As the coronavirus outbreak that originated in China continues to escalate, the Dow Jones Industrial Average (DJINDICES:^DJI) was down big on Monday. The Dow had shed more than 700 points by 10:15 a.m. EST, good for a 2.5% decline.
Apple (NASDAQ:AAPL) and Boeing (NYSE:BA) were two of the Dow's bigger losers, both stumbling a bit more than the index. An optimistic analyst sees Apple's supply chain problems in China lasting until at least April, which didn't help the stock on Monday. Meanwhile, Boeing is reportedly dealing with a widespread debris issue with its grounded 737 Max.
A monthslong supply chain disruption for Apple
Apple is dependent on the iPhone and other gadgets for the bulk of its revenue, and it's dependent on China for much of its manufacturing. The coronavirus outbreak has upended the tech giant's supply chain in the country, with suppliers slow to ramp up capacity and meet demand. Along with depressed demand for Apple products in China, the supply chain woes led the company to withdraw its second-quarter guidance earlier this month.
How long will these problems persist? Analyst Daniel Ives of Wedbush, who rates the stock "outperform," doesn't expect Apple's supply chain to return to full capacity until April at the earliest. That's the best-case scenario, according to Ives. The base case is a return to full capacity in early May, and the worst case delays that return until June, late enough to impact the iPhone launch later this year.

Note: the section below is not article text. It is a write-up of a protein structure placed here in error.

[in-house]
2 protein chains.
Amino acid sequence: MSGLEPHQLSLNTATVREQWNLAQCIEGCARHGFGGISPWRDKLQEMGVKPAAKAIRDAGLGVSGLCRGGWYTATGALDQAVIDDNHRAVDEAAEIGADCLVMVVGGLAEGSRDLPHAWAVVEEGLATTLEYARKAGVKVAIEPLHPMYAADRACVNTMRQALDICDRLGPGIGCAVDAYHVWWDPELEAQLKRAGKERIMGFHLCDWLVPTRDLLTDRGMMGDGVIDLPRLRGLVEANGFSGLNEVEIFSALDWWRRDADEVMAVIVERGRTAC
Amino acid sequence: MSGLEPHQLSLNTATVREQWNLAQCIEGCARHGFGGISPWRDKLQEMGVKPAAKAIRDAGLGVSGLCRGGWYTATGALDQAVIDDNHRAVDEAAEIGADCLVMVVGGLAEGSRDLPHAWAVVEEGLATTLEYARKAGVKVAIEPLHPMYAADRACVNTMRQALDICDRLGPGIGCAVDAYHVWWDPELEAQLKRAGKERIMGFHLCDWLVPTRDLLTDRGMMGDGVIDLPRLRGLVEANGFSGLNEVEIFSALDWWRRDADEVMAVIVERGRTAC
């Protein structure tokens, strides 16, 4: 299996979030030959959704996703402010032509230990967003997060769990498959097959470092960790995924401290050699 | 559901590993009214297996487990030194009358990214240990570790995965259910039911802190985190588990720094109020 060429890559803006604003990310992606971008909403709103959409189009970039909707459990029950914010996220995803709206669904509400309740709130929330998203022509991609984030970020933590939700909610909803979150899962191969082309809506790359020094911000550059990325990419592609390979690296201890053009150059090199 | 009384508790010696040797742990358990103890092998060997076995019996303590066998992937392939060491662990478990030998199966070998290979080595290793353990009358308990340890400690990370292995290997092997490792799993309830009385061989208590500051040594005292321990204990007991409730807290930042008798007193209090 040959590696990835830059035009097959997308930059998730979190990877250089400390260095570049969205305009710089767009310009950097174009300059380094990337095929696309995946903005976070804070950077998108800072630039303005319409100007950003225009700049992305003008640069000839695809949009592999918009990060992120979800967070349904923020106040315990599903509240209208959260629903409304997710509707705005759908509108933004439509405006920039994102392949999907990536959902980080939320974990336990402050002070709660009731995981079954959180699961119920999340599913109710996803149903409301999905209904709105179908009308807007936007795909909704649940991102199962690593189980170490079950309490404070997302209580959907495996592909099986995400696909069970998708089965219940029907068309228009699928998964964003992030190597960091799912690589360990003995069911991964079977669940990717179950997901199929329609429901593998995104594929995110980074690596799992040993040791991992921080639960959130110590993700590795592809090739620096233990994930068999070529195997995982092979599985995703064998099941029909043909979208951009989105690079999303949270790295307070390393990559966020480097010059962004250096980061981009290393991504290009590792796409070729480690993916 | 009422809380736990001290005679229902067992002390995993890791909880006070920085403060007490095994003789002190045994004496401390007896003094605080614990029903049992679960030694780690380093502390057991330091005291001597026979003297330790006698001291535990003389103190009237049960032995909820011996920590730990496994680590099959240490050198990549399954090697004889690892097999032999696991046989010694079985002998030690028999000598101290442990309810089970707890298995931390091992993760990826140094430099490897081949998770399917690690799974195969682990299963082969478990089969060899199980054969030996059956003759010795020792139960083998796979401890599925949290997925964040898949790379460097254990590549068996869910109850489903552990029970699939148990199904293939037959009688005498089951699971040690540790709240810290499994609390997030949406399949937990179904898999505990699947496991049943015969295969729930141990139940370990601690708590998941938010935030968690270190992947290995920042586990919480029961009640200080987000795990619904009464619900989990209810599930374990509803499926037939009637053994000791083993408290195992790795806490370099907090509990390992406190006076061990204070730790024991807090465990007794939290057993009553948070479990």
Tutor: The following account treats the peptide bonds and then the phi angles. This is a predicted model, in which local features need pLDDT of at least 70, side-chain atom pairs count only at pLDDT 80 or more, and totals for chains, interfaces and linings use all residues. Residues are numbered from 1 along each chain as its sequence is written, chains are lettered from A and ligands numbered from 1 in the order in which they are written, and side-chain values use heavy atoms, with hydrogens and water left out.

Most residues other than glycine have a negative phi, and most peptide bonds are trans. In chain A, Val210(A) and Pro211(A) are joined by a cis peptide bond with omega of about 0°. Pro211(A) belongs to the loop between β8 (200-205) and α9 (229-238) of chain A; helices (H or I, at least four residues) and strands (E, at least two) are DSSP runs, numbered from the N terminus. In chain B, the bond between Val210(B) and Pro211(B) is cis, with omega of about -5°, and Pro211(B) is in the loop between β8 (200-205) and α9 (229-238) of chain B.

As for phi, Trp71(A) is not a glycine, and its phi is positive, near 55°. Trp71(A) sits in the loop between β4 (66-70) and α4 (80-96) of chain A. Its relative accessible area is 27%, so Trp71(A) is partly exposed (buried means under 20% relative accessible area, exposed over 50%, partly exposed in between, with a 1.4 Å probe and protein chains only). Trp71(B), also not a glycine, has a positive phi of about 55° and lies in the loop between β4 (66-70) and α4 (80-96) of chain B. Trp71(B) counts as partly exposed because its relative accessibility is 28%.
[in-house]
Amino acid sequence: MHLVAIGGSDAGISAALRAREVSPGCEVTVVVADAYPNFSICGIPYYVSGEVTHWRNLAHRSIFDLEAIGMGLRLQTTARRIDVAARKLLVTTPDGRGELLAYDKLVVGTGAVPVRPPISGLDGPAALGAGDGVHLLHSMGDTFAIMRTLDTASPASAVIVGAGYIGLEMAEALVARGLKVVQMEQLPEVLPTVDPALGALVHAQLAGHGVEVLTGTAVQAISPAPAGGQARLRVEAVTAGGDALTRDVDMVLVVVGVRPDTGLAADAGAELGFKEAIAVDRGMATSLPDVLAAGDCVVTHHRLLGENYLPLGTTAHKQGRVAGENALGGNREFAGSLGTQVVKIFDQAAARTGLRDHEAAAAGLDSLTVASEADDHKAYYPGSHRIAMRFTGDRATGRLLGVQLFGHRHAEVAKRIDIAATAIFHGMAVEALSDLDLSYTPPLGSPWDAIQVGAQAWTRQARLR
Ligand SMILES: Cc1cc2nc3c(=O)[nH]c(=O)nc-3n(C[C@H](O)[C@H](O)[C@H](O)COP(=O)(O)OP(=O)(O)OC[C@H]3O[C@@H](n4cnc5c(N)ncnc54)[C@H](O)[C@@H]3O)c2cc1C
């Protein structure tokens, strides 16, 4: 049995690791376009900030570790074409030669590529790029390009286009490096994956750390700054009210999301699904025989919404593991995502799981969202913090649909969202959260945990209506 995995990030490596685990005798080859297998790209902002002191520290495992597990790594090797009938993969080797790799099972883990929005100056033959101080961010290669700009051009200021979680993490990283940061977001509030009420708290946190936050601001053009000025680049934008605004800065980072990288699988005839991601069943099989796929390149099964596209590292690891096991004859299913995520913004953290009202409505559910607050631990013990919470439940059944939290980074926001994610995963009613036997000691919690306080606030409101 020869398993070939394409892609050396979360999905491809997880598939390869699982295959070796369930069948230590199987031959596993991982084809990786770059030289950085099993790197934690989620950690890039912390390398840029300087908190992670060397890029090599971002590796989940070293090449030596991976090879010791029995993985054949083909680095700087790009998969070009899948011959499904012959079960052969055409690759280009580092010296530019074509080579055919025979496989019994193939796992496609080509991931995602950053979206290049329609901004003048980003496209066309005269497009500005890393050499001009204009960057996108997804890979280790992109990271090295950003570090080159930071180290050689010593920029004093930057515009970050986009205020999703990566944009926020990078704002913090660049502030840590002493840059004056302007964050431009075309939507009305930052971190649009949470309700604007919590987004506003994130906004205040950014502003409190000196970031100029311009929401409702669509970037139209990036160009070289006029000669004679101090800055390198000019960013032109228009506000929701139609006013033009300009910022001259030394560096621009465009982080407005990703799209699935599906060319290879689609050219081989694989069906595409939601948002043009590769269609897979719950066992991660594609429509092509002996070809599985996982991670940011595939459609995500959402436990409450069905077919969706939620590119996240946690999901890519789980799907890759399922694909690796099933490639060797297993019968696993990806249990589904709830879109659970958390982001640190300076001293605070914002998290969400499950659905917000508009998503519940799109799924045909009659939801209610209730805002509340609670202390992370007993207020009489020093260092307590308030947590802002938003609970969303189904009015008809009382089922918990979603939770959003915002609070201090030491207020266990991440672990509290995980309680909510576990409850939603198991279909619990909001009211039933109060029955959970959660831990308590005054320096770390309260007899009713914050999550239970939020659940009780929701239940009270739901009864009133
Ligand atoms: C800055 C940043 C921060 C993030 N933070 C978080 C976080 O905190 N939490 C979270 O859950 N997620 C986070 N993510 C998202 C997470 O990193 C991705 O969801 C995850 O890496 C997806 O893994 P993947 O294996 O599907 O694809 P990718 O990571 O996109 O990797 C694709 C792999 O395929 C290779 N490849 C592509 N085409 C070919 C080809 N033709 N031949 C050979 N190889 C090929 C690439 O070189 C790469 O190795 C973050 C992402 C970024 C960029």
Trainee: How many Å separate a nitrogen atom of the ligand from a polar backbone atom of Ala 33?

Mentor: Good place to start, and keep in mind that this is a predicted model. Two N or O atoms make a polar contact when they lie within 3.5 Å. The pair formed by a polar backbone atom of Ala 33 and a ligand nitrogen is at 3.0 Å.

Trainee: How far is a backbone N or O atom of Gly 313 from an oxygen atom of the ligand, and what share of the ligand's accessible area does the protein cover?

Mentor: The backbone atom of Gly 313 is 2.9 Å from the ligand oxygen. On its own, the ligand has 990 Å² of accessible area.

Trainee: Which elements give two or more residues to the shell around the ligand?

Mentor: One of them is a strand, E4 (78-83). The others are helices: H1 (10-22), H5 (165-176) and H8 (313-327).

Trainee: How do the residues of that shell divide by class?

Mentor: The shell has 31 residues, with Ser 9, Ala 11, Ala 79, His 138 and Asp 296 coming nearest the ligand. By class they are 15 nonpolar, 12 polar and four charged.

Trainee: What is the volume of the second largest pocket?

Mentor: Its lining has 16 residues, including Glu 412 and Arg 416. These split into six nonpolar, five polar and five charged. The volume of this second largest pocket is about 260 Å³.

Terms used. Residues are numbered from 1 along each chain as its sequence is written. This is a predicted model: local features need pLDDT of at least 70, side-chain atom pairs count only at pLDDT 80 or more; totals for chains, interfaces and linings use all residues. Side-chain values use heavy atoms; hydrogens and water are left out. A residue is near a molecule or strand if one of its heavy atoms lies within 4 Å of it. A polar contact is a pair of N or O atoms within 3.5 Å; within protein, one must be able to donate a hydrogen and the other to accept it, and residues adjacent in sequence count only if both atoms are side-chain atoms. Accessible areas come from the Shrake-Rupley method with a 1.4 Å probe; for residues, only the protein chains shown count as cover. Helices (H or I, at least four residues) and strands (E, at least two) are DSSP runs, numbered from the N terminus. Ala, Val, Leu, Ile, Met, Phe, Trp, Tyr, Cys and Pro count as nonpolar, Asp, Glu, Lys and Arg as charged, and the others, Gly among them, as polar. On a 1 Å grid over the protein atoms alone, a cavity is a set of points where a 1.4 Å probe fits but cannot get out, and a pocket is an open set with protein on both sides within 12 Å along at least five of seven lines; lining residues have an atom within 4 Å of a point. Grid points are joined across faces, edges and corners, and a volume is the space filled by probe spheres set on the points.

Of course, the real worst case is probably a lot worse than that. The coronavirus has still not been brought under control in China, and it's beginning to infect significant numbers of people in other countries. Even if the supply chain is fully up and running within a couple months, demand for Apple products could start to take hits outside of China.
Shares of Apple were down 3.3% Monday morning, a bit more than the broad stock market indexes. The stock is still up about 75% over the past year, but those gains will likely be tested as the coronavirus outbreak continues.
Boeing finds debris in 737 Max fuel tanks
Boeing stock was down 2.8% Monday morning, falling along with the Dow. On top of coronavirus fears, The Wall Street Journal reported late last week that the airplane manufacturer had found debris in the fuel tanks of most 737 Max planes that it had inspected. This suggests that the problem is deeper than originally thought.
Boeing has found tools, rags, and other debris left inside the planes by workers, a problem that has cropped up at multiple factories. These issues may not further delay the recertification of the 737 Max, which was grounded following two fatal flights caused by a software problem, but it certainly doesn't inspire confidence in the company.
Along with these production problems, federal prosecutors investigating Boeing are now probing whether the company knowingly misled the Federal Aviation Administration, according to a report from The New York Times. The focus is on whether a top pilot for the company intentionally lied about the flight control system at the center of the 737 Max scandal.
Even if the 737 Max does return to service in the coming months, this debacle will likely cast a shadow over the company for years to come.